Judge Joel Pearce was enthralled by this simple but beautiful tale of the AIDS crisis in Africa.
Powerless to change the past…she lived to change the future.
A fresh, touching experience, Yesterday is an AIDS drama from an African perspective—and so much more.
Facts of the Case
Yesterday (Leleti Khumalo, Hotel Rwanda) has been sick since before Christmas, but hoped the illness would go away by itself. It is summer now. She decides to go to a nearby town to see a doctor. She hopes to find out why she feels weak, and why she coughs so much. After a number of ordeals, she finally sees the doctor, only to learn that she has HIV.
While most women would break down at such news, Yesterday means to live until her daughter Beauty (Lihle Mvelase) goes to school. There are many hardships that she will face along the way, but she believes that willpower will be enough to see her through.
Many films about Africa are criticized, reasonably enough, for not being about Africa at all. Whether they use Africa as a backdrop for a western romance, or explore African problems from the perspective of foreign aid workers, the films dehumanize the African people. They give us scary statistics about the African AIDS crisis, such as that more than 40% of the population in some areas of the country is HIV positive. But the victims themselves remain faceless, their suffering eased by intrepid American doctors. Yesterday breaks through so many stereotypes that it's breathtaking to watch.
While the shattering of stereotypes is impressive from a North American perspective, it must be downright earth-shattering in Africa. Although I don't want to make cultural assumptions, I imagine that one of the main purposes of Yesterday is to inform Africans about HIV in a palatable way. HIV isn't even mentioned until halfway through the film. Much of the focus is on the reaction of Yesterday's narrow-minded villagers. There is much superstition. A local spiritualist, for instance, tries to heal Yesterday by having her put aside her (nonexistent) anger. The movie explains how AIDS is transmitted, carefully and in simple terms. It's astonishing that the film never feels like a morality story or an educational one. It is, however, one of the most straight forward films I have ever seen. Yesterday has a simple, slow pacing, which immediately forces us to slow down and adjust to a different way of life. Although I have seen many films set in Africa, I have never seen a film that captures Africa as well as this.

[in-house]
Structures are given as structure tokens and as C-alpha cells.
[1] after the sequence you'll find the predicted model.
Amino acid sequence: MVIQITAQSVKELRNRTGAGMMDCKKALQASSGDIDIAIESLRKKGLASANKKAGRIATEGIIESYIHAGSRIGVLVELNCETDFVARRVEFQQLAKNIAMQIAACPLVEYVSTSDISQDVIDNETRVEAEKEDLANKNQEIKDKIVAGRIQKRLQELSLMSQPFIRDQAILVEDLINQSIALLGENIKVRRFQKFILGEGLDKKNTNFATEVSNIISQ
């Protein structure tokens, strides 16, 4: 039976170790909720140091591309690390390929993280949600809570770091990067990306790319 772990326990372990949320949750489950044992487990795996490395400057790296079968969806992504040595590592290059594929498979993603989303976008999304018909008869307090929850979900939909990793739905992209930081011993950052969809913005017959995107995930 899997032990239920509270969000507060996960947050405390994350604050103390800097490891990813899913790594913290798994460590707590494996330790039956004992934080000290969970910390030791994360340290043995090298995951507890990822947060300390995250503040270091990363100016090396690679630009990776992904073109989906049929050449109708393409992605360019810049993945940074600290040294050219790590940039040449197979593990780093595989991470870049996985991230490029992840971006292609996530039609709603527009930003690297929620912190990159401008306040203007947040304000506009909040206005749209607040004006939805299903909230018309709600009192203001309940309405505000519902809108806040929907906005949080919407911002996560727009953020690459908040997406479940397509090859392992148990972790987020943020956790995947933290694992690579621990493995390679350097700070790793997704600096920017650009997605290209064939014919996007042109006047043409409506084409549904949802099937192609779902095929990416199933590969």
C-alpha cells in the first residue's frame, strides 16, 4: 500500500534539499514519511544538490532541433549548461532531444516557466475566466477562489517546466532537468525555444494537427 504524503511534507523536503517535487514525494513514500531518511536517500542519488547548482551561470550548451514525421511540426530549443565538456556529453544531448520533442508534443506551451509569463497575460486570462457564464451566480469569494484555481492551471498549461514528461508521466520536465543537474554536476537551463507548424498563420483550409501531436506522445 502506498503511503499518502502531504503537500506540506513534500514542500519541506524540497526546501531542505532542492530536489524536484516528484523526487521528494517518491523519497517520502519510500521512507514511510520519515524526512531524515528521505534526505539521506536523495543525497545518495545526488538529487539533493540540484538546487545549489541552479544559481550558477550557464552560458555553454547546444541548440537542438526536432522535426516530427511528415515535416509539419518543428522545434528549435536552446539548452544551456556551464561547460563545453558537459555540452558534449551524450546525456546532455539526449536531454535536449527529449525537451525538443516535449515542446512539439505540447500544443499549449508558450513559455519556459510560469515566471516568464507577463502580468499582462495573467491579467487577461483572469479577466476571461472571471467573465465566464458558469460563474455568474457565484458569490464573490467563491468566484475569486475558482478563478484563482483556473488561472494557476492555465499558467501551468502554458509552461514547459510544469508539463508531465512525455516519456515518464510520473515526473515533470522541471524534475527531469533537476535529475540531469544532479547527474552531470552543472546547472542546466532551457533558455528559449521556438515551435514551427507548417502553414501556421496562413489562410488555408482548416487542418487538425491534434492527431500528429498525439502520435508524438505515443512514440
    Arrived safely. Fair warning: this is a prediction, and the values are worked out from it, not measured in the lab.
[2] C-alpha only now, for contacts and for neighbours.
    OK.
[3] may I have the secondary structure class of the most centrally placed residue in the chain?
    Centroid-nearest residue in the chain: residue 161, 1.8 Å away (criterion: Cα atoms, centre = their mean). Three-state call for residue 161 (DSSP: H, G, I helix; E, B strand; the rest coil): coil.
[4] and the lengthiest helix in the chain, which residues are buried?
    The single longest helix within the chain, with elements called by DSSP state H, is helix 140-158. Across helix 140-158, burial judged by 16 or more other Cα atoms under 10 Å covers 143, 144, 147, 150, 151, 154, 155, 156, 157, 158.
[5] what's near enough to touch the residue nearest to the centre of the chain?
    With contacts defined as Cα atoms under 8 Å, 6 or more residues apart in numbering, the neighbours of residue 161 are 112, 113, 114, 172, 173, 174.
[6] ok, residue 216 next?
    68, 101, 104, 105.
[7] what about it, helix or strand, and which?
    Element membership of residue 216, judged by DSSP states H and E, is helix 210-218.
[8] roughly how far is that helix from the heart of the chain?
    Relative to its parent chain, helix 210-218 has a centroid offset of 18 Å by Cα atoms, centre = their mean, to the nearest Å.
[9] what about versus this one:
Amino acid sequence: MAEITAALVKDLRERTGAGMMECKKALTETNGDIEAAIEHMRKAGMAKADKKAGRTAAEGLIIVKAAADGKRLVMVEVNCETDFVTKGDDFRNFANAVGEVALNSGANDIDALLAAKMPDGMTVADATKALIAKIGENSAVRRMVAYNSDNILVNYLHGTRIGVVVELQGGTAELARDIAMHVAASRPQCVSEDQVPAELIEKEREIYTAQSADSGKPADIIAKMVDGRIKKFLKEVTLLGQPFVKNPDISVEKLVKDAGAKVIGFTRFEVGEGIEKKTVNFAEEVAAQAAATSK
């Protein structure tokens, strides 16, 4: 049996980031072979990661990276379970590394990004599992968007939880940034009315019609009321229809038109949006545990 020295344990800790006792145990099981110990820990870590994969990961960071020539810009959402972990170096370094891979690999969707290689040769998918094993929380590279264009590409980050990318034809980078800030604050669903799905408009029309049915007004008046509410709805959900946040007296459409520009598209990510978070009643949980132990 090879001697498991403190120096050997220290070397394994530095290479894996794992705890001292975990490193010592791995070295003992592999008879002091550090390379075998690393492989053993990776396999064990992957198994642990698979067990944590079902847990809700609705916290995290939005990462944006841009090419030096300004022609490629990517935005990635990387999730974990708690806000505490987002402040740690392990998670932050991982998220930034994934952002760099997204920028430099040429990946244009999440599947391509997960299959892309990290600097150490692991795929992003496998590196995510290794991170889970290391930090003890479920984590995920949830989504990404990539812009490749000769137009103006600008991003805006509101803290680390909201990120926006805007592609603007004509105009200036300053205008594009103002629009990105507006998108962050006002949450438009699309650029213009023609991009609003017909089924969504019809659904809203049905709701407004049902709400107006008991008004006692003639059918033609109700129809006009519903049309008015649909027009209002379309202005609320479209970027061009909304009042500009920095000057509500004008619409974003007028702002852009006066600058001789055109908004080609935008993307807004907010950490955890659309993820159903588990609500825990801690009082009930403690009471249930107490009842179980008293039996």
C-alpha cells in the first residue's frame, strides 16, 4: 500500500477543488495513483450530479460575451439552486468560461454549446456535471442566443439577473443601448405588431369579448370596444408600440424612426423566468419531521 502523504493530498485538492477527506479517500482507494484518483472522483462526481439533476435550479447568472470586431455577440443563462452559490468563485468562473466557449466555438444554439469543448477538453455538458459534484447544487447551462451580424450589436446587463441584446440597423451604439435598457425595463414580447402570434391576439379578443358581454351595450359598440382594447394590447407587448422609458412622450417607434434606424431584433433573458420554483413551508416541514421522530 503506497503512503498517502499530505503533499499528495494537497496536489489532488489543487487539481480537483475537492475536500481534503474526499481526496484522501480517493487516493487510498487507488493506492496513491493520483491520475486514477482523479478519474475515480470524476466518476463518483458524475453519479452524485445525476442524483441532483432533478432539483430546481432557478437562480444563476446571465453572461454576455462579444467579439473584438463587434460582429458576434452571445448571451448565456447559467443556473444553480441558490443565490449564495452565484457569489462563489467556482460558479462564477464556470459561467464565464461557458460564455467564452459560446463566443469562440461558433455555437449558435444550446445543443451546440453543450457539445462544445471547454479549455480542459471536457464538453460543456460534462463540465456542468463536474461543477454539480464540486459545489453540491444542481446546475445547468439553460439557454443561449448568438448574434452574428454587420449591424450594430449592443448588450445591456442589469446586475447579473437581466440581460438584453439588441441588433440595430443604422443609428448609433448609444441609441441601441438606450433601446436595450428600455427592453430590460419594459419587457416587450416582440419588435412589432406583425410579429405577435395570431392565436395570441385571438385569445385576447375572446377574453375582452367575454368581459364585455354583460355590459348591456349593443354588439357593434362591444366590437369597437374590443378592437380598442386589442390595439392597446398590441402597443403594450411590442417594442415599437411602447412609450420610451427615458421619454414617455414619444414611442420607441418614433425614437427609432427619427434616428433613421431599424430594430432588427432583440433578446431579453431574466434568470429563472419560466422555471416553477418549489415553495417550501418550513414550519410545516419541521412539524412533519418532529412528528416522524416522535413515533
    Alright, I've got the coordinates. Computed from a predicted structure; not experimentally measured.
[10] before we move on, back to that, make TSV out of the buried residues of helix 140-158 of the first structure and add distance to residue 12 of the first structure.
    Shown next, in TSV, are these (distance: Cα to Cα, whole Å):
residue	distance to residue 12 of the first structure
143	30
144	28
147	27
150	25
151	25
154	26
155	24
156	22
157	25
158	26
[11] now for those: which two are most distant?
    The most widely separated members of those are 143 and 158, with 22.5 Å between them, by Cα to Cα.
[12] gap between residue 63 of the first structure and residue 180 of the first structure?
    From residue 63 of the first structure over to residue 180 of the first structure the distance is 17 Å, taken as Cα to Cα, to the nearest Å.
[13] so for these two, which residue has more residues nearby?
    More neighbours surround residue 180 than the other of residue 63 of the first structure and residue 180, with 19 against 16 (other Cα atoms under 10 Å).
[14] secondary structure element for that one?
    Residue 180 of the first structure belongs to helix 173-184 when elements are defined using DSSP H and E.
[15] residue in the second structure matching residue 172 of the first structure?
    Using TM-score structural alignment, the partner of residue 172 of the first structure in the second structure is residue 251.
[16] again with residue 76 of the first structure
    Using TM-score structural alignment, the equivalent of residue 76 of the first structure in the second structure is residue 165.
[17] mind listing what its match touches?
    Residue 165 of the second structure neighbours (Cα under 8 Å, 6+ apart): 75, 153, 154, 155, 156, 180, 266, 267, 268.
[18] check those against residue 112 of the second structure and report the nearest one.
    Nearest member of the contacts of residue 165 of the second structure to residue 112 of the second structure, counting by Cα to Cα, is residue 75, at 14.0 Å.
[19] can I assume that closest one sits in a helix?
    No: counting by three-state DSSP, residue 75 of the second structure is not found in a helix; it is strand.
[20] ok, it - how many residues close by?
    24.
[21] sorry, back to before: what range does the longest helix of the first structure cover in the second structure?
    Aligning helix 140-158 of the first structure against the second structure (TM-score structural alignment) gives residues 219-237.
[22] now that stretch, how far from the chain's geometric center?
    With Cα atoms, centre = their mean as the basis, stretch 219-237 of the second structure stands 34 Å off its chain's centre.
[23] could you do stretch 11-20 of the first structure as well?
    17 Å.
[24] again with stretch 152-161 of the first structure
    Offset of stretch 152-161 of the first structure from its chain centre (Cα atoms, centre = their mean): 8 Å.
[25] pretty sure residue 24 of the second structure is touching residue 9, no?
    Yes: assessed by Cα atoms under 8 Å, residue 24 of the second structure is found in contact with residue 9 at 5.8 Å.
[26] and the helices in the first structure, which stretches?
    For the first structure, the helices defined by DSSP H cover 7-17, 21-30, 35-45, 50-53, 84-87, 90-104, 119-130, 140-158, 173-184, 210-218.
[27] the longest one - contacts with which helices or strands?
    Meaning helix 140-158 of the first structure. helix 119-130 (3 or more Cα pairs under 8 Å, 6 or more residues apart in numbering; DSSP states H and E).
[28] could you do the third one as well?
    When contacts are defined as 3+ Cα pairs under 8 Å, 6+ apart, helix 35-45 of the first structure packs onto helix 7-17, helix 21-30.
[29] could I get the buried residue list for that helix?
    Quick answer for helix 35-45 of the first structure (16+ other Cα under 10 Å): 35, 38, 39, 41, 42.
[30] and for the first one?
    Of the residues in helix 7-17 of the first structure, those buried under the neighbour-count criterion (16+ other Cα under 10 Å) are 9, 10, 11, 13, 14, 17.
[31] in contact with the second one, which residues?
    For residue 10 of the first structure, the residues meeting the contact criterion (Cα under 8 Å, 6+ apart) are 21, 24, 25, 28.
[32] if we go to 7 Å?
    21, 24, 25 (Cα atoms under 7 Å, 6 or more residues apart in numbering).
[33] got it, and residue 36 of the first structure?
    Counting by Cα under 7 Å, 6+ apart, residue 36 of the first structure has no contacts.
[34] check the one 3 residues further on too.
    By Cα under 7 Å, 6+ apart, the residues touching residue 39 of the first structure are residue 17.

None of this would be possible without the heartfelt performance of Leleti Khumalo. She has a natural charisma and one of the most expressive faces in film history. If Yesterday is designed to be educational, it's critical that the audience grows attached to her before it's revealed that she is HIV positive. I can't imagine anyone in the world disliking her. The spiritualist's suggestion that she is angry is so ridiculous that it's almost funny. And that, I think, is what makes the film such a huge success. It's not even really an AIDS movie. It's a film about a woman who faces unimaginable adversity with nobility and dignity. Although most of us will never need to face this kind of hardship, setting aside disappointment and pain in hopes of accomplishing something good is a universal idea, and one that I've rarely seen so remarkably handled.
As a side note, this is a great film for those who complain about long medical wait times (read: Canadians) or high costs (read: Americans). It's unbelievable what Yesterday must go through to get medical attention and treatment. I don't know about you, but if I walked miles to a nearby town while sick in order to see a doctor, only to be turned away two weeks in a row, I'd be angry.
Although Leleti Khumalo steals the show, there are other solid performances as well. Yesterday's husband (Kenneth Khambula, I Dreamed of Africa) is a complex character who must face the reality that he is sick and no longer able to work in the mines of Johannesburg. Her daughter, Beauty (Lihle Mvelase), is also sincere. Although there are a few other standout supporting roles, many of the villagers are a reminder of the strengths and weaknesses inherent in casting local talent. They feel authentic, but their performances are stilted, as though they're always self-conscious about being filmed.
The technical construction of Yesterday is also impressive. The landscape of South Africa is stunningly captured, and looks both harsh and beautiful. The cinematography is simple but attractive. Wide still shots and close-ups are used to great effect. The transfer to DVD is solid. The video is rich and detailed, capturing the muted landscape and the vividly colored clothing perfectly. There is a bit of edge enhancement, but it's never distracting. The dialogue is sometimes a bit quite, but the ambient sound ripples from a wide sound stage and the music is never overwhelming. The only extra is a commentary with director Darrell James Roodt (Cry, the Beloved Country). He has a natural charisma, and doesn't stop talking very often. It's a fine commentary track, one that is easy to listen to, educational, and entertaining.
Even if you've seen many films about the African AIDS crisis, Yesterday is well worth seeing. I have never before seen a film on the subject that feels like this. It has a quiet, simple grace that is rare. Incidentally, I have no idea why it got an R rating. This is a PG film. The R rating shouldn't prevent anyone from seeing and appreciating this wonderful little gem.
If only more films like Yesterday would be released.
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